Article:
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## Main Question or Discussion Point

Hi,

I was looking up the formula for this on wikipedia and it said that the frequency shift is:

[itex]\frac{\sqrt{1 - v^2/c^2}}{1+\frac{v}{c}\cos{\theta}}[/itex]

In the case where the the emitter is directly above the observer when the photon arrives it says it simplifies to:

[itex]\gamma = \frac{1}{\sqrt{1 - v^2/c^2}}[/itex]

Now, I can't get that to work out.

In this special case we have that:

[itex]\cos{\theta}=\frac{v}{c}[/itex]

So the doppler shift becomes:

[itex]\frac{\sqrt{1 - v^2/c^2}}{1+v^2/c^2}[/itex]

which doesn't cancel the numerator because there's a minus sign missing.

If you take the same situation but reverse the direction of v nothing changes because the new angle becomes [itex]\pi-\theta[/itex], so the sign of the cosine term cancels the minus sign from v, which is clearly wrong since it should go from a blueshift to a redshift. Is there supposed to be a +/- in front of the cosine term?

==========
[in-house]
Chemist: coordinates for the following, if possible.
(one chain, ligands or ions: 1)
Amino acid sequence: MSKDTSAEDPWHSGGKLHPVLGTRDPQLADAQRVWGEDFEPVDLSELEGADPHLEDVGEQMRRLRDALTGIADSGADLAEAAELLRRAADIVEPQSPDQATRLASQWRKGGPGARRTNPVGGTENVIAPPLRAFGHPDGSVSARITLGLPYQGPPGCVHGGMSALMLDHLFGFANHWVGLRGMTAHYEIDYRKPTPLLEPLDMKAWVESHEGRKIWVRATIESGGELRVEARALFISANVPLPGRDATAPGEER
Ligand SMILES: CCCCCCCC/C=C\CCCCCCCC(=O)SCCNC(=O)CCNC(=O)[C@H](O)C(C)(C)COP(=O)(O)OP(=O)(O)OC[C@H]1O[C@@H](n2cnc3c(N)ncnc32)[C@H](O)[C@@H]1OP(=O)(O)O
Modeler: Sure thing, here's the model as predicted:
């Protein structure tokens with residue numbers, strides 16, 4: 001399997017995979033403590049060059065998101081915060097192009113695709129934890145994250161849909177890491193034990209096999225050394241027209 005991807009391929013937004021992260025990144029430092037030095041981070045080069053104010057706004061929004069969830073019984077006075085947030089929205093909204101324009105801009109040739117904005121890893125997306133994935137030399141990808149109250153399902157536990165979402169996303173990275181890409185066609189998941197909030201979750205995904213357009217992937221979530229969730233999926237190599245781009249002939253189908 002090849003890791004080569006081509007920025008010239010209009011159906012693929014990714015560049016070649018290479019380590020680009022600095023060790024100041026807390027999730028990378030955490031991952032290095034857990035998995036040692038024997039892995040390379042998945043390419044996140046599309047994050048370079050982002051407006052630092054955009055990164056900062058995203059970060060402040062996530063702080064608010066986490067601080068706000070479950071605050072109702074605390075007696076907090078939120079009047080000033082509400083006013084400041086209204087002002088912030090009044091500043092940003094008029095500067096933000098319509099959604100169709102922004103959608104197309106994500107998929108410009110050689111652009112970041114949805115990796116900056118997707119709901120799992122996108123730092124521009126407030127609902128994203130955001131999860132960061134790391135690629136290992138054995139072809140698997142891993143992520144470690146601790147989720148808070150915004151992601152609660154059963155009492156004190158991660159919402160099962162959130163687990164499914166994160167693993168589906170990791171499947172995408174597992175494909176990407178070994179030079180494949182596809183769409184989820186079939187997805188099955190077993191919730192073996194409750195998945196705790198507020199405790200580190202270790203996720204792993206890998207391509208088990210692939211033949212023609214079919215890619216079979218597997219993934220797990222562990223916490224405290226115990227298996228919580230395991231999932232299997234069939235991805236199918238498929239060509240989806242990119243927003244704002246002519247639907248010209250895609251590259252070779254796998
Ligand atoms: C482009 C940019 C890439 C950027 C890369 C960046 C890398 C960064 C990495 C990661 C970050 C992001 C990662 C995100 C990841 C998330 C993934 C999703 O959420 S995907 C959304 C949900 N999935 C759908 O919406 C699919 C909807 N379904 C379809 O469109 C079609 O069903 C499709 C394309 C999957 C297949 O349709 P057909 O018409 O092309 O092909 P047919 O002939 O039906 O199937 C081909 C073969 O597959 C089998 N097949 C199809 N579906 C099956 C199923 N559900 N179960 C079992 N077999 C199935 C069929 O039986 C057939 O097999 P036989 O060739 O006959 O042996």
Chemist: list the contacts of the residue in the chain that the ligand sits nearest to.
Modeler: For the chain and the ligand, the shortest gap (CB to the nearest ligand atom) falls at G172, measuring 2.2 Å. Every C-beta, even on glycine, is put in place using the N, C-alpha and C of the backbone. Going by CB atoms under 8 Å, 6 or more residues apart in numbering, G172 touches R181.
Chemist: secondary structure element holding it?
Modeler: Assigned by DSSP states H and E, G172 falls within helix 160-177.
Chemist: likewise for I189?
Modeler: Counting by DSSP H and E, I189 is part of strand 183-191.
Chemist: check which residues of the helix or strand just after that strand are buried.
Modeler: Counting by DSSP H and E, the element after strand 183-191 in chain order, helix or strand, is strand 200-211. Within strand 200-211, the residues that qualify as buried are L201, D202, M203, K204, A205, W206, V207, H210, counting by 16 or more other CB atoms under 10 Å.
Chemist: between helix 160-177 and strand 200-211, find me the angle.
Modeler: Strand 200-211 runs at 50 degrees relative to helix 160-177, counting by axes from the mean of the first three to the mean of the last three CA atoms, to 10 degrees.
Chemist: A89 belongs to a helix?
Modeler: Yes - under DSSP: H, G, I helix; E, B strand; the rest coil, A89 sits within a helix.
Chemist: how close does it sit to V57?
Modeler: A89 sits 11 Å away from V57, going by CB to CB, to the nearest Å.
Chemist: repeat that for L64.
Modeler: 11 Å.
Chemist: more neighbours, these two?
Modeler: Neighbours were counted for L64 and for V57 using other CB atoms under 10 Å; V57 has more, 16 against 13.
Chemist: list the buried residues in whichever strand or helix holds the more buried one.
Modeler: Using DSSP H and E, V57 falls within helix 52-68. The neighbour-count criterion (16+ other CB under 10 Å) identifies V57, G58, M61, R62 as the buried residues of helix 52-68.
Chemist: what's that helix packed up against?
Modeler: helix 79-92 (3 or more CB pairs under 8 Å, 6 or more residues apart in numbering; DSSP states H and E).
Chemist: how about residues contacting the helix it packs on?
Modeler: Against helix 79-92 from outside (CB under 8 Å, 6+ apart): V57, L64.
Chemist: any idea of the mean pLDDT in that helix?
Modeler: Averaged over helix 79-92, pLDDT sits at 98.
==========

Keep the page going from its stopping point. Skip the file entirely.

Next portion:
I was looking up the formula for this on wikipedia and it said that the frequency shift is:

[itex]\frac{\sqrt{1 - v^2/c^2}}{1+\frac{v}{c}\cos{\theta}}[/itex]

In the case where the the emitter is directly above the observer when the photon arrives it says it simplifies to:

[itex]\gamma = \frac{1}{\sqrt{1 - v^2/c^2}}[/itex]

Now, I can't get that to work out.

In this special case we have that:

[itex]\cos{\theta}=\frac{v}{c}[/itex]

So the doppler shift becomes:

[itex]\frac{\sqrt{1 - v^2/c^2}}{1+v^2/c^2}[/itex]

which doesn't cancel the numerator because there's a minus sign missing.

If you take the same situation but reverse the direction of v nothing changes because the new angle becomes [itex]\pi-\theta[/itex], so the sign of the cosine term cancels the minus sign from v, which is clearly wrong since it should go from a blueshift to a redshift. Is there supposed to be a +/- in front of the cosine term?